I am looking forward to 2016 being a great year for the city of Hawkinsville. A Whole lot of items are on our agenda to accomplish this year. I’d like to take this opportunity to let you know some things to expect this year.
Accounting: We hope to drastically improve our accounting software. This improvement should result in the City Commissioners getting much better information to utilize in making financial decisions for the city. The improvements should also allow us to begin allowing ACH Drafts for payment of utility bills. As well as online payments and Credit Card payments.
Downtown: We hope to focus many of efforts this year on improving downtown. From revamping the Classic Main Street Program to energizing the Downtown Development Authority to concentrate on bringing business to our community. Efforts will include improving parking, clean up efforts, and offering incentives to locate in our community.
Fireworks: Last year the state legislature passed laws allowing fireworks to be used and sold in the state of Georgia. However, the law did not allow local governments to set up restrictions such as the locations of these sales, the locations of the use, and the times of the use. This year the state legislature is revisiting this issue and we are hoping that they will add code that will allow local governments to have more say in these issues.
City Hall: We hope to begin design and possibly even construction of a new city hall in Hawkinsville. Our current one is too small and is falling down around us. We have purchased the former Blount Warehouse on Broad Street and plan on building a new City Hall at that location.
SPLOST: We will begin planning the next SPLOST. SPLOST money goes toward capital projects that we could never find funding for by any other means. Road improvements, Water and Sewer improvements, Recreation Department Improvements, etc.
Audit Changes: We hope to be able to do more of our audit work in-house thus saving a small fortune that we spend with outside accounting firms. D.M. Vickers & Associates will be working with us to streamline and improve our accounting methods to accomplish this goal.
Economic Development: Working with our Chamber, United Pulaski, and the local Industrial Development Boards, we are striving hard to better the economic situation in our community. We want to attract new industry as well as work with existing industry and businesses to compel them to expand.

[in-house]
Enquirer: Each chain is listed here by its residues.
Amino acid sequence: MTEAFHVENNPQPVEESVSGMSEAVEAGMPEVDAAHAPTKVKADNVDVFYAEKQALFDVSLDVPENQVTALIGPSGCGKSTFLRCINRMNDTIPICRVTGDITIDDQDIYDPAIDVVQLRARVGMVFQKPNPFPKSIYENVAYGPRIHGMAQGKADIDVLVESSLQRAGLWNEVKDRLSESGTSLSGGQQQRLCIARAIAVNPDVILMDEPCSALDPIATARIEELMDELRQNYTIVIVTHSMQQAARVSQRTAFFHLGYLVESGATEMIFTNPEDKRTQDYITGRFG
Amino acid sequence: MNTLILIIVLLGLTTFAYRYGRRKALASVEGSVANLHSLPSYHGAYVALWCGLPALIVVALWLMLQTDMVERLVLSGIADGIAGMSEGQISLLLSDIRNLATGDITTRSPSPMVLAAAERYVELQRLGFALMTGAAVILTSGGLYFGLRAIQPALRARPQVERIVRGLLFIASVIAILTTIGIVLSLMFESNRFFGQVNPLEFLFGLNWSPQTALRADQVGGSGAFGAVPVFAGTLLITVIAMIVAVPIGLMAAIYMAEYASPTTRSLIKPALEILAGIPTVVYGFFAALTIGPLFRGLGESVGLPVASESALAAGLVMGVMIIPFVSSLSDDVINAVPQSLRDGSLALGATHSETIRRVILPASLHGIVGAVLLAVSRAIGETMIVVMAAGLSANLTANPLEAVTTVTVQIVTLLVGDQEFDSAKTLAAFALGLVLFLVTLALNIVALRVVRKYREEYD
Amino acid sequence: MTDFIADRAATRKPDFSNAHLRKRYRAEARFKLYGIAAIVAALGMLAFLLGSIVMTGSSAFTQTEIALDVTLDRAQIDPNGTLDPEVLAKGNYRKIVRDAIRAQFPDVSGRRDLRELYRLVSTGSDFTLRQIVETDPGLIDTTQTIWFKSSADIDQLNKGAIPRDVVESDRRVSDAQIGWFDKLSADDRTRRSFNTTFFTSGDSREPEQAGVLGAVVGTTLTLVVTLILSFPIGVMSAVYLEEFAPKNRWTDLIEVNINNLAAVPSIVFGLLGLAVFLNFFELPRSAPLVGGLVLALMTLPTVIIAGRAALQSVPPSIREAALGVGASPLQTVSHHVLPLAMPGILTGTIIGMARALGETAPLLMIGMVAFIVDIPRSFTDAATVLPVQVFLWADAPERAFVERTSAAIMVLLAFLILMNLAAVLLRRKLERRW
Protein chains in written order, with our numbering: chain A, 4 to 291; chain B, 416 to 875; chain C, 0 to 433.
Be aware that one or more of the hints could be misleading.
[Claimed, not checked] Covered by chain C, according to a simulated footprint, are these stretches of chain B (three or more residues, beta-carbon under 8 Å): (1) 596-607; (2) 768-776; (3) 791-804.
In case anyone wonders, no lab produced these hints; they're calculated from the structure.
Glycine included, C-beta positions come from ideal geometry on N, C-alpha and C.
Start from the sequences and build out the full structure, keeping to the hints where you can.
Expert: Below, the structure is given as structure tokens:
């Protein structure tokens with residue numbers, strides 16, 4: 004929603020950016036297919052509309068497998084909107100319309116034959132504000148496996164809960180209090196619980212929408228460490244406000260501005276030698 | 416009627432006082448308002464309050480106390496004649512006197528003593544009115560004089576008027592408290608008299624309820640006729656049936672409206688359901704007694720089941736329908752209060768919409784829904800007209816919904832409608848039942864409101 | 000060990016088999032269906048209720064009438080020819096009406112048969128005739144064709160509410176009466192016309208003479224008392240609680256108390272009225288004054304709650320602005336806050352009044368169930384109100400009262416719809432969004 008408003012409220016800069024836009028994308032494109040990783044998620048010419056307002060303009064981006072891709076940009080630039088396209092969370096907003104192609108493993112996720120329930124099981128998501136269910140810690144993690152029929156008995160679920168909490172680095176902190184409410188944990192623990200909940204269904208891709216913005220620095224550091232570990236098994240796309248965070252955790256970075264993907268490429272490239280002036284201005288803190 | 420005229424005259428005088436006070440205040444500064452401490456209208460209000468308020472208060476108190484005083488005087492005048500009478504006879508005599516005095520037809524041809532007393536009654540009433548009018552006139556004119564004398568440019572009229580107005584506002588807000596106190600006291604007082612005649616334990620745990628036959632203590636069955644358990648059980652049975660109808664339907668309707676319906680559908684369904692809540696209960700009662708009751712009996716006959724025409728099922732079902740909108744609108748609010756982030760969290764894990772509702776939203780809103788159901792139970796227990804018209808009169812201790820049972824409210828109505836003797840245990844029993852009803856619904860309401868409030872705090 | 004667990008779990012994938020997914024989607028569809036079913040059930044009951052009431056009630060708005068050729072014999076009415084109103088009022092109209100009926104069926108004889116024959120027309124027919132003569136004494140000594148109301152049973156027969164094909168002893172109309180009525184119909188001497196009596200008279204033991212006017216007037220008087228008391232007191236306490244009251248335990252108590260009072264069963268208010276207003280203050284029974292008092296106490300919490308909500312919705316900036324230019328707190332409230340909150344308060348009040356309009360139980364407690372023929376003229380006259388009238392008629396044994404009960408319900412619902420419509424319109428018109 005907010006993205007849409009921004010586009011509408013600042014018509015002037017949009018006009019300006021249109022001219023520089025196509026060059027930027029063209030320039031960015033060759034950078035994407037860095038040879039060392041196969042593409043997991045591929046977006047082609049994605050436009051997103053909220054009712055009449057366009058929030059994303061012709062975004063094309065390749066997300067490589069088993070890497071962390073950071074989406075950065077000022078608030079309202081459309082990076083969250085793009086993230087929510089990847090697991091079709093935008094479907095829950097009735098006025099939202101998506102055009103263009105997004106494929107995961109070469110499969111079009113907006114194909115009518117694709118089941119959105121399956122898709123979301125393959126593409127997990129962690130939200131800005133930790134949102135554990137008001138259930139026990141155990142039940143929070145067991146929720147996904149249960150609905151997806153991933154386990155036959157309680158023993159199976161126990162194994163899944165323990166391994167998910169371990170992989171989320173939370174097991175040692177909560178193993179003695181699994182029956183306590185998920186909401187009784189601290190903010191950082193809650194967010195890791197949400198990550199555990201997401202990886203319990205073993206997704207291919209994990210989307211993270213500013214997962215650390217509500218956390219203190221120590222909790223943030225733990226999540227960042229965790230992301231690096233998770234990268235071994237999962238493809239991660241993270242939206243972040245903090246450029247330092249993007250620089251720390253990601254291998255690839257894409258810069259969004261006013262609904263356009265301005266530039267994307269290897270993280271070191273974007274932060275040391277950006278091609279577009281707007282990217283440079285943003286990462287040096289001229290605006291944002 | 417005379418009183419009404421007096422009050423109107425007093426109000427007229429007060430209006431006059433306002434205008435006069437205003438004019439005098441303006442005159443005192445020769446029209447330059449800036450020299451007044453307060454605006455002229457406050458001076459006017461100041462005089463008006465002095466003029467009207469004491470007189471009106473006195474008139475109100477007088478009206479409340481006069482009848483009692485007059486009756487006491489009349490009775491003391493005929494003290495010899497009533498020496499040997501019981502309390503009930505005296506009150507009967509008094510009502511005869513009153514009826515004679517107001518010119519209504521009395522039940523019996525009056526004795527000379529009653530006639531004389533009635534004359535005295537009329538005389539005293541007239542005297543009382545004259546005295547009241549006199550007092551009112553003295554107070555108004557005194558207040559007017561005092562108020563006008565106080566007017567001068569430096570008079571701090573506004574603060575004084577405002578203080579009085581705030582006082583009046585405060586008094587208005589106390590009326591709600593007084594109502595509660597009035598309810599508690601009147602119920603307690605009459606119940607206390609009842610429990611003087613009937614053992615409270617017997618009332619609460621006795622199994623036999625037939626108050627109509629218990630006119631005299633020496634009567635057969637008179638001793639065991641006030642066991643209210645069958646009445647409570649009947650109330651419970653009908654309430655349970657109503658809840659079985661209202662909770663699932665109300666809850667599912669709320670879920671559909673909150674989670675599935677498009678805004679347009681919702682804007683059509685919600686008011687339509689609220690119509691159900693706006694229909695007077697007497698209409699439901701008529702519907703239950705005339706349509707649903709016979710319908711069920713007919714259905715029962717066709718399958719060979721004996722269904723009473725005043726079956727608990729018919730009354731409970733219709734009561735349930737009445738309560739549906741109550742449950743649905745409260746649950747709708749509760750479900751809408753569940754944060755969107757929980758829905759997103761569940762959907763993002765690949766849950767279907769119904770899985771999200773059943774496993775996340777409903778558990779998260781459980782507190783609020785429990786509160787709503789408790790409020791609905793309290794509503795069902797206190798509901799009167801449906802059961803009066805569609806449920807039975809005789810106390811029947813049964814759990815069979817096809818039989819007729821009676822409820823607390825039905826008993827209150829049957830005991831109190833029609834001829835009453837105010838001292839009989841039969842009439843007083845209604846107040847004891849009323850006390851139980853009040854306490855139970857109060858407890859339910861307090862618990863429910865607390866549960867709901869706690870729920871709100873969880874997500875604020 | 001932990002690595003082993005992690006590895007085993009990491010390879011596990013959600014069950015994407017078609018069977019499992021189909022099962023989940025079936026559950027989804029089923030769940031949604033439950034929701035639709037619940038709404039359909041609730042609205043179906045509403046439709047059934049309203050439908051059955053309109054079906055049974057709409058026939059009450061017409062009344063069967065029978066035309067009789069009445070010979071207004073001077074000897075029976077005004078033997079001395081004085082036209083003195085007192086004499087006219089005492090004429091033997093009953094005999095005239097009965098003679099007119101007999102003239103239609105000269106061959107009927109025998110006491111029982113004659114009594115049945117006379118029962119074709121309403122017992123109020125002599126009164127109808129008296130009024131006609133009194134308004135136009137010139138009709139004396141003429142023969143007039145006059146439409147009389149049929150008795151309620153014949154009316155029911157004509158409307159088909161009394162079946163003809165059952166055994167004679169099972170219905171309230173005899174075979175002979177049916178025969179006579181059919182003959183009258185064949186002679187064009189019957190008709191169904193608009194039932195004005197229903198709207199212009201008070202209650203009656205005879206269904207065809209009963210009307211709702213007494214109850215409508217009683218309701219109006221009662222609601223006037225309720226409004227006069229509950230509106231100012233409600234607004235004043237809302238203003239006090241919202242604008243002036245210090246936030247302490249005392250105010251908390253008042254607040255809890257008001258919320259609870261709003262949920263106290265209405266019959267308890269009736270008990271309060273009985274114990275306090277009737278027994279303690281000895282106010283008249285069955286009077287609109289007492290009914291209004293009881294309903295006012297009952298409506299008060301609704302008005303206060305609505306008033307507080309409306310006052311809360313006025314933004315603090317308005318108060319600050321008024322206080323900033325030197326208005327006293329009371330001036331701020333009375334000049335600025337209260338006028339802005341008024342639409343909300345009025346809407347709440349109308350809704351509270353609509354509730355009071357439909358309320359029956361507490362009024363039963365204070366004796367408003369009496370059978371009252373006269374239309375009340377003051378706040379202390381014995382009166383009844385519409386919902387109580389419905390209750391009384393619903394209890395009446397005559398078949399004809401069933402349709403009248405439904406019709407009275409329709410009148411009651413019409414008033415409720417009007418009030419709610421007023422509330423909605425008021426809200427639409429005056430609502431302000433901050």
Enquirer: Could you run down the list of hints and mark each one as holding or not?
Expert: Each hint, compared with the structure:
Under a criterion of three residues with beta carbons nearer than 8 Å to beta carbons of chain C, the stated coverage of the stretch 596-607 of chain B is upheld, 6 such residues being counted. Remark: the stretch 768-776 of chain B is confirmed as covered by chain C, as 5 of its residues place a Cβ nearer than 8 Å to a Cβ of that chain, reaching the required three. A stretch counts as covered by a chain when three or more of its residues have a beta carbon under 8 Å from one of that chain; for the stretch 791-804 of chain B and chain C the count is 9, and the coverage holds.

City / County Cooperation: We plan to continue to look for ways that our city and county can work together. Cooperation should either bring about increased savings or increased inefficiencies or an increased level of customer service.
Public/Private Developments: We are working with the new owners of the Old Taylor Regional Hospital. Helping them to apply for state funded Tax Credits in order to fund the renovation of this building.
I have to attend many meetings. Most of them are a waste of time. I just attended a meeting of a group trying to form a DMA (Downtown Merchants Association). THIS meeting was great! The energy and the momentum were obvious.
The meeting was lead by our Archway Professional, Michelle Elliott . The group is trying to do whatever it can to rejuvenate our downtown area. They are looking at Window decorations in the abandoned buildings, cleaning up the streets, repainting and adding new murals to the downtown area, adding trash receptacles and also exploring options to help beef up the Hawkinsville River Market. Donna Rickerson, our new Hawkinsville Chamber executive Director was introduced and she had lots of great ideas.
While it is still early in the process, I am excited that 20+ people care enough to meet and discuss. The City of Hawkinsville was well represented by our city manager, Tim Young . ComSouth was there, local merchants were there, the Garden Club was there, the new owners of the Butterfly Mansion B&B were there, representatives from our DDA, and Rivers Alive were there as well as simply concerned citizens.
We have lots of work to do, but it is so encouraging when a group like this gets together, not to bash what is not happening, not to wish would should be happening, but to PLAN what CAN Happen.
Let’s all support those that are trying.